"You see how the suburbs have changed throughout the years. There's something about it that suggests a death of some sort. Something that we'll never get back." Despite the somber notes, Schulze says there's a lot of humor throughout this work. "Usually we'll follow up Tamarie Cooper's [annual summer] show with a play that's really dark and depressing. But this one is really funny and uplifting. I think there's going to be a lot of laughter." A turntable stage enables a quick shift from one backyard to the next.
Opening night for Detroit is September 26. Regular performance schedule is 8 p.m. Thursdays through Saturdays. Through October 18. Catastrophic Theatre, 1119 East Freeway. For information, call 713‑522‑2723 or visit catastrophictheatre.com. $10 to $50.
This story continues on the next page.
Film festivals aren't usually thought of as examples of democracy in action, but the Manhattan Short Film Festival, screening at the Museum of Fine Arts, Houston and our pick for Sunday, certainly qualifies. During the week of September 26, more than 100,000 moviegoers in 300 cities across six continents will gather to vote for the winner of the festival. The ten entries in this year's competition run anywhere from eight to 15 minutes long and come from countries including the U.S., the Netherlands, Germany and Mexico.
Films include Crime (seen above). The 14-minute film (a graphic-novel-style documentary about the effects of crime) was directed by Alix Lambert and Sam Chou. There's also 97% (about a man trying to track down a potential love interest on a crowded train with a smartphone app), The Fall (two mountaineers depend on each other to survive, but one has a secret), La Carnada (a teen tries to illegally cross the border into the United States), and The Bravest, The Boldest (a mother tries to avoid two U.S. Army officers about to deliver some bad news).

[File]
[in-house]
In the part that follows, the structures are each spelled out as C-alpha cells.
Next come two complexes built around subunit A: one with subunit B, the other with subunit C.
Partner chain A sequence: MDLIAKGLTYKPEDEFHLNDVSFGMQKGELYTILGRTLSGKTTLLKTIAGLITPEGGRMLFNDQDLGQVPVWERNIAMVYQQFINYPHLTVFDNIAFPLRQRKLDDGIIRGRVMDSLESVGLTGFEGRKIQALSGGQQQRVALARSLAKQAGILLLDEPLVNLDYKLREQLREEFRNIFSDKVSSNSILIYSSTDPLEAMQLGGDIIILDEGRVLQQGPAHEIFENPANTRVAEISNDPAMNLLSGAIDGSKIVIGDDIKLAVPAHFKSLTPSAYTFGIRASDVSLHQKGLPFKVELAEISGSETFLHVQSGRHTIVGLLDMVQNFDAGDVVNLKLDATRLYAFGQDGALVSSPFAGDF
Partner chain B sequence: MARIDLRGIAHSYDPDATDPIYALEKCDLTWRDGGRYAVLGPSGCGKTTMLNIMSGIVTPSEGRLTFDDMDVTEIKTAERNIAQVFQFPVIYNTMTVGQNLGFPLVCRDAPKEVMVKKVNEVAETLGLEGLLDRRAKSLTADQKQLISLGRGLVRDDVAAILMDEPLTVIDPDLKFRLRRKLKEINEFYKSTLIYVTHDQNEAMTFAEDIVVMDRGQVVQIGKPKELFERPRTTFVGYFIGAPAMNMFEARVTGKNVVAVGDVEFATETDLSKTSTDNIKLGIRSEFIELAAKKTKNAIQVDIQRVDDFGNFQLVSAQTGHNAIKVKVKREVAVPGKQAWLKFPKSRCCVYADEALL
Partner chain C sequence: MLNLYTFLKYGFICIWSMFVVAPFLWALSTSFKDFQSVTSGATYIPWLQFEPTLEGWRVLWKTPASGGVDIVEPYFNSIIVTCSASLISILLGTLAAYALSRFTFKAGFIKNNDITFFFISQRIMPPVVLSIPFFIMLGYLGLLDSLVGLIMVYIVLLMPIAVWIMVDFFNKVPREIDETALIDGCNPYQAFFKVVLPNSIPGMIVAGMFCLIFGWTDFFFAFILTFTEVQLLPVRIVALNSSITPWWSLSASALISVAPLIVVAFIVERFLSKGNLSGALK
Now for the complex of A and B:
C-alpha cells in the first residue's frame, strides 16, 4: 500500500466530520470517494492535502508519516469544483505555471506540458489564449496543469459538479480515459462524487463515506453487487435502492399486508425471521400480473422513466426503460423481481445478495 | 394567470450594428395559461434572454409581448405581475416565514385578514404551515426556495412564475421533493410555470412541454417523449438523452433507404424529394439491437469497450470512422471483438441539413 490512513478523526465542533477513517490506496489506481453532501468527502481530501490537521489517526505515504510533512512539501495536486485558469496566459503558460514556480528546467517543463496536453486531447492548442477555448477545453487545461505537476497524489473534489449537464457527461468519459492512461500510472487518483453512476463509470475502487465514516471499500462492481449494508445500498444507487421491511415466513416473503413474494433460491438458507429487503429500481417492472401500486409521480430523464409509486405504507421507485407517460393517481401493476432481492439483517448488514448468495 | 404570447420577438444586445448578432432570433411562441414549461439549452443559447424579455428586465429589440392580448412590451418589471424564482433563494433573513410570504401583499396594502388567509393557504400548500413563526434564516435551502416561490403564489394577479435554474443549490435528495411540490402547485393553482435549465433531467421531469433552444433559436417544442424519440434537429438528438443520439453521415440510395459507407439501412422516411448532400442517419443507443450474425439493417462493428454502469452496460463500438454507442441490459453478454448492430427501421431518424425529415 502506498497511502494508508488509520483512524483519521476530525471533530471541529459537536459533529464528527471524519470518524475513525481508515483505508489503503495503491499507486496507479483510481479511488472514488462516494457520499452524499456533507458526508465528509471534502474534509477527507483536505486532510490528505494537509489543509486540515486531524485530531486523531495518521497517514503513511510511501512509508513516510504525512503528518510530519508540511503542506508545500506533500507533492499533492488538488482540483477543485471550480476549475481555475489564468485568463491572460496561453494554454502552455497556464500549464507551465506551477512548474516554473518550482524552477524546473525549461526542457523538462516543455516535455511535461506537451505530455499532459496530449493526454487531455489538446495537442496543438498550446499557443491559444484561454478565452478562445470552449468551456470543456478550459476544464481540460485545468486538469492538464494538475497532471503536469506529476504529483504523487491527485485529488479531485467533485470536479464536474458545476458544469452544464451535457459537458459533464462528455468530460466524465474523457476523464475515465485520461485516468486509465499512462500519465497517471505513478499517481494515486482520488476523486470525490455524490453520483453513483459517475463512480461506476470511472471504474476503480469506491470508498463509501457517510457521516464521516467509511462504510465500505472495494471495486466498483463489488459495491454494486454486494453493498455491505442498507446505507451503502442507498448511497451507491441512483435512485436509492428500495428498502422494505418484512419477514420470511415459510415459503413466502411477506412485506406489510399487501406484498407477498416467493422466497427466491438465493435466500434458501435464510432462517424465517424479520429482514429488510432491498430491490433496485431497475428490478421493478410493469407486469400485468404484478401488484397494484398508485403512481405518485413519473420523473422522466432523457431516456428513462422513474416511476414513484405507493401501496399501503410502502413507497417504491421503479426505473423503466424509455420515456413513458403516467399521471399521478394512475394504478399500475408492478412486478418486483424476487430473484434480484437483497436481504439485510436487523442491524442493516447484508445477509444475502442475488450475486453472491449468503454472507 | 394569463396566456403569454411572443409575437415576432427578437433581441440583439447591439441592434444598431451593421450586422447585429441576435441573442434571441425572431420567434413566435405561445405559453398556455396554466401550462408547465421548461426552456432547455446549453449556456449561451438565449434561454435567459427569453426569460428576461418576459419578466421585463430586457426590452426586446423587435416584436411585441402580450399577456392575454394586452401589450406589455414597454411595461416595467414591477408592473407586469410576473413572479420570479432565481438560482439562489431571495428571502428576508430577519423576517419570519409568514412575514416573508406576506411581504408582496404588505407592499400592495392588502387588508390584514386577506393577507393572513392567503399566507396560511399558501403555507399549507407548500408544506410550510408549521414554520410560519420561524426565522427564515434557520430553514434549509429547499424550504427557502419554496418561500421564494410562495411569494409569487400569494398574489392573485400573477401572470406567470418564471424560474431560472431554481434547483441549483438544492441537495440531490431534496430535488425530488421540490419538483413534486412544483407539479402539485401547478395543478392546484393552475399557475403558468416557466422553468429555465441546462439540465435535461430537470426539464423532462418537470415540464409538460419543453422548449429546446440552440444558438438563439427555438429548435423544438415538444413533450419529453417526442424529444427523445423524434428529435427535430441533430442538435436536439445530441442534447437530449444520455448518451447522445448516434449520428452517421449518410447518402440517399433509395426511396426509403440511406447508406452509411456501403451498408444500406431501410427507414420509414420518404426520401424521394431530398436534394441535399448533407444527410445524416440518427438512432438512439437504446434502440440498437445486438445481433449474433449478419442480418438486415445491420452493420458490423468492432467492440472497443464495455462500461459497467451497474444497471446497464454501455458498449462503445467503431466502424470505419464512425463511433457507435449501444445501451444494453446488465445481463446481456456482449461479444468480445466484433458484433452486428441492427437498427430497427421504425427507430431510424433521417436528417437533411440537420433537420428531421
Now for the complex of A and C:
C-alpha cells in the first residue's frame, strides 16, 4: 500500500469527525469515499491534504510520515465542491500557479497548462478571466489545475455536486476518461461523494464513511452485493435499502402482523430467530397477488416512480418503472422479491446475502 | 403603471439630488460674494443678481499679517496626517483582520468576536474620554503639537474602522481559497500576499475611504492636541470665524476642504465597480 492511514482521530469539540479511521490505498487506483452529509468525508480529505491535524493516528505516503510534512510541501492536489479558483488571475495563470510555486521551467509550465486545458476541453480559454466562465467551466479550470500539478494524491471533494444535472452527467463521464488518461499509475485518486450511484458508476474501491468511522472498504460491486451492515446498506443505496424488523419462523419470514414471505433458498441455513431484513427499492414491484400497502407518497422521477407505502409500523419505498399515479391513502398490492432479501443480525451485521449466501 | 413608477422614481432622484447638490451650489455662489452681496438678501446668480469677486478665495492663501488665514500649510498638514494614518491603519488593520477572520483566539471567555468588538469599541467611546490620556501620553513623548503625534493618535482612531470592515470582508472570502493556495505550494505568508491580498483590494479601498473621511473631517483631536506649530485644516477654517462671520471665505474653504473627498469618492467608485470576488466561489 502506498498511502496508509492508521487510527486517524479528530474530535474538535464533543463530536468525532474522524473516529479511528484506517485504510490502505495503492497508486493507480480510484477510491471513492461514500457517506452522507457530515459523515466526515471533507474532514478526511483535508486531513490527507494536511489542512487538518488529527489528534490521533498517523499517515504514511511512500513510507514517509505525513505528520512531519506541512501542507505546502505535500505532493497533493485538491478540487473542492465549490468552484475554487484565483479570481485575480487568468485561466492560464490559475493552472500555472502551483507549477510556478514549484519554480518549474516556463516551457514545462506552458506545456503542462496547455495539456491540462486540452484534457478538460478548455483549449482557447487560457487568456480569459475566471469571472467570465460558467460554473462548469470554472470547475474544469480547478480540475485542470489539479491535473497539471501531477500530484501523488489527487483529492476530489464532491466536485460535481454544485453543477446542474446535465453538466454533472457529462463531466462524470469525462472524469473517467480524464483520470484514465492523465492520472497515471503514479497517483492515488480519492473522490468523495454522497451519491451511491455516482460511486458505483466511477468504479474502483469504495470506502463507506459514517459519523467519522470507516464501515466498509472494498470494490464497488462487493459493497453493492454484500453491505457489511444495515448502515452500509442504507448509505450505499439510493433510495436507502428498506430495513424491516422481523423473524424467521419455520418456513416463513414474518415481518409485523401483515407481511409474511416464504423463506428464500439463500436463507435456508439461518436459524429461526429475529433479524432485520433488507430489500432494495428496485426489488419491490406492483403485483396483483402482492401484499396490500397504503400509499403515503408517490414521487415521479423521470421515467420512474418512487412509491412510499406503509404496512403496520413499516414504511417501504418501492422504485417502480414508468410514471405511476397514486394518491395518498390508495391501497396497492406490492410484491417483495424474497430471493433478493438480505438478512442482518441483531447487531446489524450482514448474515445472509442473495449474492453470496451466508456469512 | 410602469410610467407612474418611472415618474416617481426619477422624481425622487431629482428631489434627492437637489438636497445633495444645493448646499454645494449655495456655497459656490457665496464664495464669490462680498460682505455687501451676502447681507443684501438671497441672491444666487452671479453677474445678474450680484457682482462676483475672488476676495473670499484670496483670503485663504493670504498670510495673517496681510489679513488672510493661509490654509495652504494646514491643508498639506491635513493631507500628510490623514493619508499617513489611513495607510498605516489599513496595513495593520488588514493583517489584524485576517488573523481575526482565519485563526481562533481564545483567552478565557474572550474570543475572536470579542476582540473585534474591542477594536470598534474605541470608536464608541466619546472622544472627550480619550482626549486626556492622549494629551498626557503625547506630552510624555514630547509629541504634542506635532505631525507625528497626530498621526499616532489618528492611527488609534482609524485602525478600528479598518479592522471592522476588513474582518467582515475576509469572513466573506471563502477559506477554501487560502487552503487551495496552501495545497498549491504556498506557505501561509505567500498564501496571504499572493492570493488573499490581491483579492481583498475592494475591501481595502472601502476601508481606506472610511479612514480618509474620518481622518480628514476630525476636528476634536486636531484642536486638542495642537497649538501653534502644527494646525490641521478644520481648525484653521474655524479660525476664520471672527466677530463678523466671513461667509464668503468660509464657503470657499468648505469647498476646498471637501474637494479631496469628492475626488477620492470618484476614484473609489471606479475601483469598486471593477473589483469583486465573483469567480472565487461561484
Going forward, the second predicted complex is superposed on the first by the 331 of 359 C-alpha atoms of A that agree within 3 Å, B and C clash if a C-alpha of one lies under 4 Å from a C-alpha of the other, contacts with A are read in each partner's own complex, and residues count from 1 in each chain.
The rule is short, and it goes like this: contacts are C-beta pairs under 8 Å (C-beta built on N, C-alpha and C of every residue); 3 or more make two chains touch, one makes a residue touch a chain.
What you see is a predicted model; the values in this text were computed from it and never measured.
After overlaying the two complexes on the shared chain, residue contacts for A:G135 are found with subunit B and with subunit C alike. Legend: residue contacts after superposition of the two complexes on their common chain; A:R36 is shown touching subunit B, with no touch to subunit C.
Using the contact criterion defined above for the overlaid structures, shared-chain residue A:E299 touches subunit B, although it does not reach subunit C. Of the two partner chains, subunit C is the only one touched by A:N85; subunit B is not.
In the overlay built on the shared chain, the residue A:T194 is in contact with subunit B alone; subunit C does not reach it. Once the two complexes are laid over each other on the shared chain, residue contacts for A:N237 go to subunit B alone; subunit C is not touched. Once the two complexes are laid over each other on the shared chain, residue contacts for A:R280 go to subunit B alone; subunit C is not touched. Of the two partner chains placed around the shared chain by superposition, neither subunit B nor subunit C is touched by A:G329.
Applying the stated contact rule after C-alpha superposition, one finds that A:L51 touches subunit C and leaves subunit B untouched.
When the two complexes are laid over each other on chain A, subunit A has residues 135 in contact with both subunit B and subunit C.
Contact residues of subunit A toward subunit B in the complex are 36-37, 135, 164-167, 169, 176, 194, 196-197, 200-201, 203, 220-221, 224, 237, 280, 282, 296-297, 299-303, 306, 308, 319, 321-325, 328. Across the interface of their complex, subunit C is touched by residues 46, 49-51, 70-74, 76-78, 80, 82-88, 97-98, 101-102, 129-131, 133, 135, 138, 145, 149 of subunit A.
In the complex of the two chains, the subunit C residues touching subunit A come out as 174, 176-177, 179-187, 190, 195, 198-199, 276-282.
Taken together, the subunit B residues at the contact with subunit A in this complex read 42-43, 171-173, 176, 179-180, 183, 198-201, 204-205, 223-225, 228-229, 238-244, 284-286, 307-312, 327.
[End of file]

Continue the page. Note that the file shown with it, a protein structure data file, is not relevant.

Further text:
"This film festival will unite people in all corners of the globe, from Sydney to Mumbai, from Buenos Aires to Cairo," Nicholas Mason, founding director of the festival, says in a press release. "In times like these, cross-border events like Manhattan Short [Film Festival] that contribute toward greater tolerance and understanding are needed more than ever."
We Believe Local Journalism is Critical to the Life of a City
Engaging with our readers is essential to the mission of the Houston Press. Make a financial contribution or sign up for a newsletter, and help us keep telling Houston’s stories with no paywalls.
Support Our Journalism
The River Oaks Chamber Orchestra opens its tenth season with ROCO Alive in Concert: Once Upon a Time. The program, one of our choices for Sunday, includes the world premiere of Maria Newman's Abilene Concerto, commissioned by ROCO. "Every concert this season will feature a ROCO-commissioned world premiere," says founder and artistic director Alecia Lawyer via press materials.
Former ROCO concertmaster Brian Lewis returns to join the 40-piece orchestra under conductor Victor Yampolsky as the featured soloist in Abilene Concerto. Once Upon a Time also revisits the first ever ROCO performance, Rossini's Italian in Algiers Overture, which the orchestra performed in 2005. The program also includes Britten's Suite on English Folk Tunes and Mozart's Symphony 41, the last one ever composed by the man who inspired the '80s classic "Rock Me Amadeus" (among a few other accolades).
Margaret Downing and Bob Ruggiero contributed to this post.